Category Archives: Cormac McCarthy

Even If What You’re Working On Doesn’t Go Anywhere, It Will Help You with the Next Thing You’re Doing

Cormac McCarthy novelist? Cormac McCarthy musician?

cormac11Dear Quote Investigator: Everyone has worked on projects with ambitious goals that remained unfulfilled. The following quotation helps me to maintain an optimistic perspective:

Even if what you’re working on doesn’t go anywhere, it will help you with the next thing you’re doing. Make yourself available for something to happen. Give it a shot.

These words have been attributed to the acclaimed novelist Cormac McCarthy who wrote “No Country for Old Men”, “The Road”, “Blood Meridian”, and “The Orchard Keeper”. Yet, I have not been able to determine where it was written or spoken. Would you please clarify the source of this quotation?

Quote Investigator: This quotation should not be ascribed to the novelist Cormac McCarthy. Instead, the remark should be credited to a musician with an identical name. In 2006 the “Press-Republican” of Plattsburgh, New York published an article titled “Cormac McCarthy, 21st-Century Troubadour” that included an interview with the singer and songwriter of folk music. Boldface has been added to excerpts: 1

McCarthy writes songs the good old-fashioned way. He finds something he wants to say and works on saying it.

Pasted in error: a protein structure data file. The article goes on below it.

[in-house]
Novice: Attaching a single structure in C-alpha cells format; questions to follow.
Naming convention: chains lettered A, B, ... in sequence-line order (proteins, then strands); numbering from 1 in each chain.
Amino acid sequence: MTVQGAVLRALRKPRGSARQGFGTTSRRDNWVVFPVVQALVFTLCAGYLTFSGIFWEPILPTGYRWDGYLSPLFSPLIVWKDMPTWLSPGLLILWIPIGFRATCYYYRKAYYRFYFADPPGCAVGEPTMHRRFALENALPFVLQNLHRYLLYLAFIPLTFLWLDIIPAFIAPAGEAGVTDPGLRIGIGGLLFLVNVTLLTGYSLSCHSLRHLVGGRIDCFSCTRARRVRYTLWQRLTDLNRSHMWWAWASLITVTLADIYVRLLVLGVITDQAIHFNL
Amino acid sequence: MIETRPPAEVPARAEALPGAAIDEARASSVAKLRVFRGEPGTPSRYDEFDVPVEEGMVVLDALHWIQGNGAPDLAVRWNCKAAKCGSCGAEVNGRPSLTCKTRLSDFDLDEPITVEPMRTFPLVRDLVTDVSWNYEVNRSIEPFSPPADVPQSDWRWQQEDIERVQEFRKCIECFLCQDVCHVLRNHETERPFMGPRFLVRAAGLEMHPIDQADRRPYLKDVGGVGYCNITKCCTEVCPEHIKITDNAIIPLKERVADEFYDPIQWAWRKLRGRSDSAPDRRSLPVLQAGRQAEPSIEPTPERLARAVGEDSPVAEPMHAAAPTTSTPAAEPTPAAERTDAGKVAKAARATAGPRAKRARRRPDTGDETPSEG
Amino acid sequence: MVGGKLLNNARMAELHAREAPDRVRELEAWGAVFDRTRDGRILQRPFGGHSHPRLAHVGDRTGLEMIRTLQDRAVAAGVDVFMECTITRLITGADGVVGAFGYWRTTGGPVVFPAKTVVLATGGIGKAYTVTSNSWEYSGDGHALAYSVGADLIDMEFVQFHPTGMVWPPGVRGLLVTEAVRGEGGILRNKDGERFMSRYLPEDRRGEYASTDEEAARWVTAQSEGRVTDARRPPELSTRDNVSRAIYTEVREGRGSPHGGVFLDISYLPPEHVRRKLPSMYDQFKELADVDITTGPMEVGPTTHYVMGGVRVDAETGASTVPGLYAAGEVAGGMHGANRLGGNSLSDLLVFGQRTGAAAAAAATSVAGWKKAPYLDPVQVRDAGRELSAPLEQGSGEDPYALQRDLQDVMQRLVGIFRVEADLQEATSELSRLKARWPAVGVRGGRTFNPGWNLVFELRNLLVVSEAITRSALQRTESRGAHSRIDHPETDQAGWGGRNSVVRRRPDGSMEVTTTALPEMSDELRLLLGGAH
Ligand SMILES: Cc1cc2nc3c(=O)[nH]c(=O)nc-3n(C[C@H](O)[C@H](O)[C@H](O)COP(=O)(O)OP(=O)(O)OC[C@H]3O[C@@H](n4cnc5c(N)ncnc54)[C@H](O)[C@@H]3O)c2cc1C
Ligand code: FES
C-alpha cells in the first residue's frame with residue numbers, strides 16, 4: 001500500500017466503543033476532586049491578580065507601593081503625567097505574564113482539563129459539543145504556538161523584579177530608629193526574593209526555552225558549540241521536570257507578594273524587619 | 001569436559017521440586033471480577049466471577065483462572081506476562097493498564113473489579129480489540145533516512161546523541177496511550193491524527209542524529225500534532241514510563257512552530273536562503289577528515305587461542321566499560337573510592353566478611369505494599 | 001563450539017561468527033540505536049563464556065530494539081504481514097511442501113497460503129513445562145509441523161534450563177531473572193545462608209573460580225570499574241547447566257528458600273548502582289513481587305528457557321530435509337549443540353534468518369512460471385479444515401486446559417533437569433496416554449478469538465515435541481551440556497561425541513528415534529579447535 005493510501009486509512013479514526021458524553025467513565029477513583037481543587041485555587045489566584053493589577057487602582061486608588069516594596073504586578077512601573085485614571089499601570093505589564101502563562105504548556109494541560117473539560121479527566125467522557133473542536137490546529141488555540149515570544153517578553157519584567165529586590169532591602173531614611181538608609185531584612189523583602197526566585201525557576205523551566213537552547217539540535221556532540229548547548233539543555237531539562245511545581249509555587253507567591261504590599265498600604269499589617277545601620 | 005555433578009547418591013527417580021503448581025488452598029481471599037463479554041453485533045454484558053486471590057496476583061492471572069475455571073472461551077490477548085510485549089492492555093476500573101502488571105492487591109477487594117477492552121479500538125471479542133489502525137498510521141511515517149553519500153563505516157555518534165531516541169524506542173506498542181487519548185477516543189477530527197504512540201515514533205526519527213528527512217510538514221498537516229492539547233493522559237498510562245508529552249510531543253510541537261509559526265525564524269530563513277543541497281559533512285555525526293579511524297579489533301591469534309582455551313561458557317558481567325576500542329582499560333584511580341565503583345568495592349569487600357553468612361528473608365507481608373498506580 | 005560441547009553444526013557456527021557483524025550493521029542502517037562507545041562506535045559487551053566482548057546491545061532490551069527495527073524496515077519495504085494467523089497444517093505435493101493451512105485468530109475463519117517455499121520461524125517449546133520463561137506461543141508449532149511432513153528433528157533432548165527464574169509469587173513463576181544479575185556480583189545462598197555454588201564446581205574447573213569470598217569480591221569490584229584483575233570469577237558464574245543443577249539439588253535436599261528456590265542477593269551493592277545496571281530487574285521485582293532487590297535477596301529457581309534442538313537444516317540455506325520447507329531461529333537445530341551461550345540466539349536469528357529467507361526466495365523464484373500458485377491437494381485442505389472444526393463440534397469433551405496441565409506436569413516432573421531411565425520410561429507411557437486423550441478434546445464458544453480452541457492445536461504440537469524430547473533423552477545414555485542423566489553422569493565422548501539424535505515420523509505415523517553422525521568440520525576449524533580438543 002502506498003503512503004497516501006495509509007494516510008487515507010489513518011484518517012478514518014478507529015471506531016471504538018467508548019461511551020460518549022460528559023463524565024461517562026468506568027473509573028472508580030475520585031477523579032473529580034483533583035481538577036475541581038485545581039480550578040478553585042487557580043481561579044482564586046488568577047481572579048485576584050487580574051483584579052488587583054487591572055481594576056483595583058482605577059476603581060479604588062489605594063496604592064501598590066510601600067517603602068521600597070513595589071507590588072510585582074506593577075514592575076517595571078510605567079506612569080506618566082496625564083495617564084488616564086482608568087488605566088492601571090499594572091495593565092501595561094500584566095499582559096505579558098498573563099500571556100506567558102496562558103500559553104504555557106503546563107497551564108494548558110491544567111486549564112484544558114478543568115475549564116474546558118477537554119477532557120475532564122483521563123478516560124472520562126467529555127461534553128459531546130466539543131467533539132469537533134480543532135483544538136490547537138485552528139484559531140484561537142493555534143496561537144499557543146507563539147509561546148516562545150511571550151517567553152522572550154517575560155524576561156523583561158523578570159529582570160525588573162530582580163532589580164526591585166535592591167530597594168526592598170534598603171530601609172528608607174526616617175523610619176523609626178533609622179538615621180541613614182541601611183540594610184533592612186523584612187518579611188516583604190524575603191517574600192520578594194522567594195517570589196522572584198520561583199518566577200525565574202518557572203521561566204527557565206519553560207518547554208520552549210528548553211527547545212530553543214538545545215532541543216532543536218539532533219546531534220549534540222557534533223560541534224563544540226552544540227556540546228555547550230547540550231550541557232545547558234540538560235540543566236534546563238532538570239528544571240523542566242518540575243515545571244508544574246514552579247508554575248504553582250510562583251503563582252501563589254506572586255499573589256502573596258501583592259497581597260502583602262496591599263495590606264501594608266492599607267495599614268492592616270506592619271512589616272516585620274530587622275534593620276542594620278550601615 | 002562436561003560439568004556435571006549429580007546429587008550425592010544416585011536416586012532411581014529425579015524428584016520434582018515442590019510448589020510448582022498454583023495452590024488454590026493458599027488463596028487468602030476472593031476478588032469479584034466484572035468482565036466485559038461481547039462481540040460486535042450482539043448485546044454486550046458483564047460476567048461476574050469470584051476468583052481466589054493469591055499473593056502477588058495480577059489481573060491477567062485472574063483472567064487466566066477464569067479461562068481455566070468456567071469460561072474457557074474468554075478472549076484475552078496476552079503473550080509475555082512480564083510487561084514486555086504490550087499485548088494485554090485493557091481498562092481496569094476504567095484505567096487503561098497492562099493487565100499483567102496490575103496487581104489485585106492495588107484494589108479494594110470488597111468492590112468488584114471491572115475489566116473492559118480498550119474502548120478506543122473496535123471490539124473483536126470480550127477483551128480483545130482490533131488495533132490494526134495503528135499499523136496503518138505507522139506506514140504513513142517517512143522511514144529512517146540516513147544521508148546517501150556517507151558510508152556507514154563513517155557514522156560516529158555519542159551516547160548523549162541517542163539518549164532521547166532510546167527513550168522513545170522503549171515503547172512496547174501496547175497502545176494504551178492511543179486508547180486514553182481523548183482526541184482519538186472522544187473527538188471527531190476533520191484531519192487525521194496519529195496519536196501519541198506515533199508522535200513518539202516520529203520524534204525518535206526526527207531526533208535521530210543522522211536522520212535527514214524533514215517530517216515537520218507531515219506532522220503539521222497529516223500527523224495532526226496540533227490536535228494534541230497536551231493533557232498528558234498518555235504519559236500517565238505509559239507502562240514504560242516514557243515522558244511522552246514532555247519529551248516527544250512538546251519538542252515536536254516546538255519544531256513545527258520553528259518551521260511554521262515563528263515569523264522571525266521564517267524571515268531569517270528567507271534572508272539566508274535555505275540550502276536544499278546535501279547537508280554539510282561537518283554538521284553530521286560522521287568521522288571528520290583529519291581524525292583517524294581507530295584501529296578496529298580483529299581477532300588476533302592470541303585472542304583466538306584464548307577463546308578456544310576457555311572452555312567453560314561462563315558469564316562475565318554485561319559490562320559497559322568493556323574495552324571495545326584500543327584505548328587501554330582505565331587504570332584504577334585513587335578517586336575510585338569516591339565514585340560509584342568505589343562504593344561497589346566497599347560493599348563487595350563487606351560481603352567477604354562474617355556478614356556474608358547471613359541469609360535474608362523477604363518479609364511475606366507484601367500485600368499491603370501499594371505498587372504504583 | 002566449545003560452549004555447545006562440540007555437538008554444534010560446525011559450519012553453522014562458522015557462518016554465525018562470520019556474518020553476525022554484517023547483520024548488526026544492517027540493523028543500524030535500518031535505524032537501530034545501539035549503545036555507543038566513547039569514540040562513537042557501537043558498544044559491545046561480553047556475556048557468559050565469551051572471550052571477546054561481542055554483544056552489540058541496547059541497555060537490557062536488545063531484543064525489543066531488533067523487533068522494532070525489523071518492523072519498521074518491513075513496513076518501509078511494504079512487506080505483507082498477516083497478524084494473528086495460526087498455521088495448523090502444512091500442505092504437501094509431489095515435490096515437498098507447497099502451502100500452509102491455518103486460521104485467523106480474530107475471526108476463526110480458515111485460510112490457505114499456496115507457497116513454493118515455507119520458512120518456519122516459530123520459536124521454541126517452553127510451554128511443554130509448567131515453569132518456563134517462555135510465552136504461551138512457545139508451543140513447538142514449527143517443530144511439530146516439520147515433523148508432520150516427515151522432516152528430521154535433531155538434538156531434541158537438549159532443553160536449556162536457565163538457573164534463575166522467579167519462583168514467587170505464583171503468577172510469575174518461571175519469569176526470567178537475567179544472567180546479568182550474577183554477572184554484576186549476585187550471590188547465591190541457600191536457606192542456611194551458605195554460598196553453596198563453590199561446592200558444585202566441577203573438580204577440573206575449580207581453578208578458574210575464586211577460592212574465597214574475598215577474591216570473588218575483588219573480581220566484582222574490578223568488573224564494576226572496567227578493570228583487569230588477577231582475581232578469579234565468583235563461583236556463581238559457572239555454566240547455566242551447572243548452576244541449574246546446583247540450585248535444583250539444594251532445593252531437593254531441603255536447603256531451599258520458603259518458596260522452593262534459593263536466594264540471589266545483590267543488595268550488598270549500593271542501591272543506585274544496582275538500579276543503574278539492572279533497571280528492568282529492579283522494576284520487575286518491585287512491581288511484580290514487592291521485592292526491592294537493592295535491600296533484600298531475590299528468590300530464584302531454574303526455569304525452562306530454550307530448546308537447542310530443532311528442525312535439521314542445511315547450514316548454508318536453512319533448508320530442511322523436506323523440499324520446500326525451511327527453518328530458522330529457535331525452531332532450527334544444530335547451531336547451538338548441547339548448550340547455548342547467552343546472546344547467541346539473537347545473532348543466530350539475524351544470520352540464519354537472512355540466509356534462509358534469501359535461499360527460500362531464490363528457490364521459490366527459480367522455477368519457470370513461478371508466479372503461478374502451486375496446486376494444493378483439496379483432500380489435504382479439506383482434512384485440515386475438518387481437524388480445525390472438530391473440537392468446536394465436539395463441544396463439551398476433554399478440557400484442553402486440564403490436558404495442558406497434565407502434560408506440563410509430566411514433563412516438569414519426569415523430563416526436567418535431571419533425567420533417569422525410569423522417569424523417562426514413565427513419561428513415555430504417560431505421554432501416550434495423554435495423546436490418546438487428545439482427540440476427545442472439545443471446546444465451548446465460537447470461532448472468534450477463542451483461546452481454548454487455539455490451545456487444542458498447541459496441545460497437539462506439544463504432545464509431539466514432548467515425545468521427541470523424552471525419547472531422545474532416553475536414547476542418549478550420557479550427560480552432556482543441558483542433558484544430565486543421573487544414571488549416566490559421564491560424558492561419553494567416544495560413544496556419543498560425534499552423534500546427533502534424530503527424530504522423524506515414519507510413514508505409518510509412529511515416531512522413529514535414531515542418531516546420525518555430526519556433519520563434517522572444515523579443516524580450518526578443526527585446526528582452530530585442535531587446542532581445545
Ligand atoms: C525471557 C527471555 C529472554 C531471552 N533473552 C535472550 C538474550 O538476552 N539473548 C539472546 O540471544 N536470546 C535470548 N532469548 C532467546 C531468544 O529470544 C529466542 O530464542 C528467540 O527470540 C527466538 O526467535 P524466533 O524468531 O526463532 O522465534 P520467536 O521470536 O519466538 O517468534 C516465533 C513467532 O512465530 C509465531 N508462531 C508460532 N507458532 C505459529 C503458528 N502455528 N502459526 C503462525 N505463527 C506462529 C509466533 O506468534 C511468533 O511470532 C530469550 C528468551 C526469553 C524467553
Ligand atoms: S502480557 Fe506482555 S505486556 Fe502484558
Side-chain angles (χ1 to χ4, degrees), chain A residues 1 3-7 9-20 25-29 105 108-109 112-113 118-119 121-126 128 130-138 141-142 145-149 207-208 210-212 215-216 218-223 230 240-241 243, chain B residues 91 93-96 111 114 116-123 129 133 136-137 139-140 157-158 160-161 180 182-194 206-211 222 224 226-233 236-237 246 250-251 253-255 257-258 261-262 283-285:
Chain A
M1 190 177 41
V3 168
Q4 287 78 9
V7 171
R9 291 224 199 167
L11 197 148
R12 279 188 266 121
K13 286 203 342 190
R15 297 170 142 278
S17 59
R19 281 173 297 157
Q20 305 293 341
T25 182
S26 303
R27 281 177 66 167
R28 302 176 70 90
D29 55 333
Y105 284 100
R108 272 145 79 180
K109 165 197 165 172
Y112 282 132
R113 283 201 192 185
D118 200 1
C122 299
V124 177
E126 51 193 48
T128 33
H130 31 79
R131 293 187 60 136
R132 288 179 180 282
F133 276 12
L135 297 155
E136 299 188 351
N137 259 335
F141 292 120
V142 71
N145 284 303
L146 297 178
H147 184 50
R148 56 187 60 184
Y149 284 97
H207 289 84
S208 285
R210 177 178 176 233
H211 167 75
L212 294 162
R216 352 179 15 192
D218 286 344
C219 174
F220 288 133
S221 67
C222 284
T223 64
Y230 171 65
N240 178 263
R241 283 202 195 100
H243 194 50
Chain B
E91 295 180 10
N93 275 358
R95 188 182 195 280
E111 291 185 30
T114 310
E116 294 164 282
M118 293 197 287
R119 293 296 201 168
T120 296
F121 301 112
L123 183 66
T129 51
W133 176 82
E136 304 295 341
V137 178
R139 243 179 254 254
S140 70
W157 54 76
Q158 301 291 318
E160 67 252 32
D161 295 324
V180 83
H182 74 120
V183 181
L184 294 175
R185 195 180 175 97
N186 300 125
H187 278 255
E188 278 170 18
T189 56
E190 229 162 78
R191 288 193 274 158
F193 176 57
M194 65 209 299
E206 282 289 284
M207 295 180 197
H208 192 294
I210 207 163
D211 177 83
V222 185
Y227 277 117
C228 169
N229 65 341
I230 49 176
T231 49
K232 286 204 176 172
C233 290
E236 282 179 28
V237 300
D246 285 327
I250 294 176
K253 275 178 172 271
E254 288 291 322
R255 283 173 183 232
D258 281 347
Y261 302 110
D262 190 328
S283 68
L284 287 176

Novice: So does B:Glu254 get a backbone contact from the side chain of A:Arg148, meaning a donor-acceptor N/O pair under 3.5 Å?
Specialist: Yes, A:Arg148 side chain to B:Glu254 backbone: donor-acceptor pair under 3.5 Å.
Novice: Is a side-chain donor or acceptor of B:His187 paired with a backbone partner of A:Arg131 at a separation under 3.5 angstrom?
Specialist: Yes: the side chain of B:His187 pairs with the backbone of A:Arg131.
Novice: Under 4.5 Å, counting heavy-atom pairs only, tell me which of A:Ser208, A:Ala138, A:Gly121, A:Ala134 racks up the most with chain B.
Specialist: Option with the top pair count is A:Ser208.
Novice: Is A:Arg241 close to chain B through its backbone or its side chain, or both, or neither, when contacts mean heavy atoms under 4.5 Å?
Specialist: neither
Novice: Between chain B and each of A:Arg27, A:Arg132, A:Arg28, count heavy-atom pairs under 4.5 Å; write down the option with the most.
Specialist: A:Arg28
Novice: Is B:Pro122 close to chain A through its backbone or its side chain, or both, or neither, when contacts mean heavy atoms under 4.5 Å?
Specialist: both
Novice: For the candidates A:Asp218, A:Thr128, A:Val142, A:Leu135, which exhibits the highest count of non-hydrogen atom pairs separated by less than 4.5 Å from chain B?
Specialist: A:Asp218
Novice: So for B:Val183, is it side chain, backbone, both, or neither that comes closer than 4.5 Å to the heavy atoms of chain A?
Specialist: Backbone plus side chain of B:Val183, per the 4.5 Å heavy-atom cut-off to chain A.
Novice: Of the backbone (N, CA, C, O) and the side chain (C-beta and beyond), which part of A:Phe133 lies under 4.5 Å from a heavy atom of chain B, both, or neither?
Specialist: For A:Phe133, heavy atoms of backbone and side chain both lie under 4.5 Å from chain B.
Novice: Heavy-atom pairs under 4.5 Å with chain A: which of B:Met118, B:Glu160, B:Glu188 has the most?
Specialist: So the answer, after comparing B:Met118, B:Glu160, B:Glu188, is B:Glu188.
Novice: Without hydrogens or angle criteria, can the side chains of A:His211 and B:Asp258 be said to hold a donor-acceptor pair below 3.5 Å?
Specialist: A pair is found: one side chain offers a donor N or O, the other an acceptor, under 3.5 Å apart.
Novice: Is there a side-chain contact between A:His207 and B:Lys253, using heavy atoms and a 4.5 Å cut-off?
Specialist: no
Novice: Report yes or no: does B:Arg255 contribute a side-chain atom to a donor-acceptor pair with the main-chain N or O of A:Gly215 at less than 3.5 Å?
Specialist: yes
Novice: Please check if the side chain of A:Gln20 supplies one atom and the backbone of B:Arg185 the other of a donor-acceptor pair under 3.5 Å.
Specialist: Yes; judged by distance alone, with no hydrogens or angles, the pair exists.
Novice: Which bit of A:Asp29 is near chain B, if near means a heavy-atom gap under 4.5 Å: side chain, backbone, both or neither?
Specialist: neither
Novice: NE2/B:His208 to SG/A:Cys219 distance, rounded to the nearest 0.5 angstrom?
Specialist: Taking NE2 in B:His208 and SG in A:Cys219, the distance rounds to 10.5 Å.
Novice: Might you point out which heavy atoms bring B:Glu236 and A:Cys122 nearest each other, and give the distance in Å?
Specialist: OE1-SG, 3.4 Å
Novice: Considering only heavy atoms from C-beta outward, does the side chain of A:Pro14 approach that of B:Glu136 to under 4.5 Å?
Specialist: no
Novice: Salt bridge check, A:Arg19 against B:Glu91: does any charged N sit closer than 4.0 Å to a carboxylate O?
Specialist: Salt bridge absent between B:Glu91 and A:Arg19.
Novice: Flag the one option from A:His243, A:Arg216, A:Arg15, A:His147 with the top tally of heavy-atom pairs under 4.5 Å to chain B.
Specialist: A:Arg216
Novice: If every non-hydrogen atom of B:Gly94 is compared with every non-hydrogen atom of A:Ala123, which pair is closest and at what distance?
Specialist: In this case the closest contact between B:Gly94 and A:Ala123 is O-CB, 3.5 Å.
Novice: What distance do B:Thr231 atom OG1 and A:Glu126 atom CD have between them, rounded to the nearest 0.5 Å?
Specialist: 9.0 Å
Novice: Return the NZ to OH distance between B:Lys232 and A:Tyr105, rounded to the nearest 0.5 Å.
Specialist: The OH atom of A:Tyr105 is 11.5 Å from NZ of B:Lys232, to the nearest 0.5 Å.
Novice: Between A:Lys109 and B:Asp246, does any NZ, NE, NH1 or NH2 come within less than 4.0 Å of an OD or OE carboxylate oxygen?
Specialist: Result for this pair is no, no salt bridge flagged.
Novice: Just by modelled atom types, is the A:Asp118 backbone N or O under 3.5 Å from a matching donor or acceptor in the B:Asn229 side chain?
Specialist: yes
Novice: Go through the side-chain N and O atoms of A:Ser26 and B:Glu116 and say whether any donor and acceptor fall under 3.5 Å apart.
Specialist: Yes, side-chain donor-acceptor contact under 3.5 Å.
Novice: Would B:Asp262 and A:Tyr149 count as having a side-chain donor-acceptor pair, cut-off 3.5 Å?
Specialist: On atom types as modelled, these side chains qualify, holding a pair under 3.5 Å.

“But every once in awhile a song will just come out, almost whole by itself. I just rewrite it to clean it up. But most of the time, I find a phrase or an idea that I like and I just work on it, put it down for awhile if I’m not going anywhere.”

As far as process, the act of doing gets his juices going.

“Even if what you’re working on doesn’t go anywhere, it will help you with the next thing you’re doing,” McCarthy said. “Make yourself available for something to happen. Give it a shot.”

Here is one additional selected citation.

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Notes:

  1. 2006 March 2, Press-Republican, Cormac McCarthy, 21st-Century Troubadour – Cormac McCarthy performs intimate gig at Palmer Street by Robin Caudell, Plattsburgh, New York. (NewsBank Access World News)

All Creative-Writing Programs Ought to be Abolished by Law

Kay Boyle? John Barth? Cormac McCarthy? Louis Menand?

Dear Quote Investigator: I have been reading about creative writing programs because I am seriously considering attending one. Recently, I encountered a quotation from the writer and educator Kay Boyle which stunned me. Her comment appeared in an article in The New Yorker magazine titled “Show or Tell: Should creative writing be taught?” by Louis Menand. Boyle’s remark was extravagantly, almost comically, negative [KBNY1]:

Kay Boyle once published a piece arguing that “all creative-writing programs ought to be abolished by law.” She taught creative writing for sixteen years at San Francisco State.

I was disappointed to see someone who was long-time teacher of writing harshly attack the discipline. I tried to locate this quotation, so I could learn more about her perspective, but I could not find it. Is this quote accurate? Could you help me locate it if it exists?

Quote Investigator: Yes, QI can help you. Kay Boyle did not say the words between the quotation marks. Hence, tracing this quote is problematic. Despite obstacles QI did succeed in this investigation. Proponents of creative-writing programs will not be pleased with the comment that Boyle actually did make because it is very similar.

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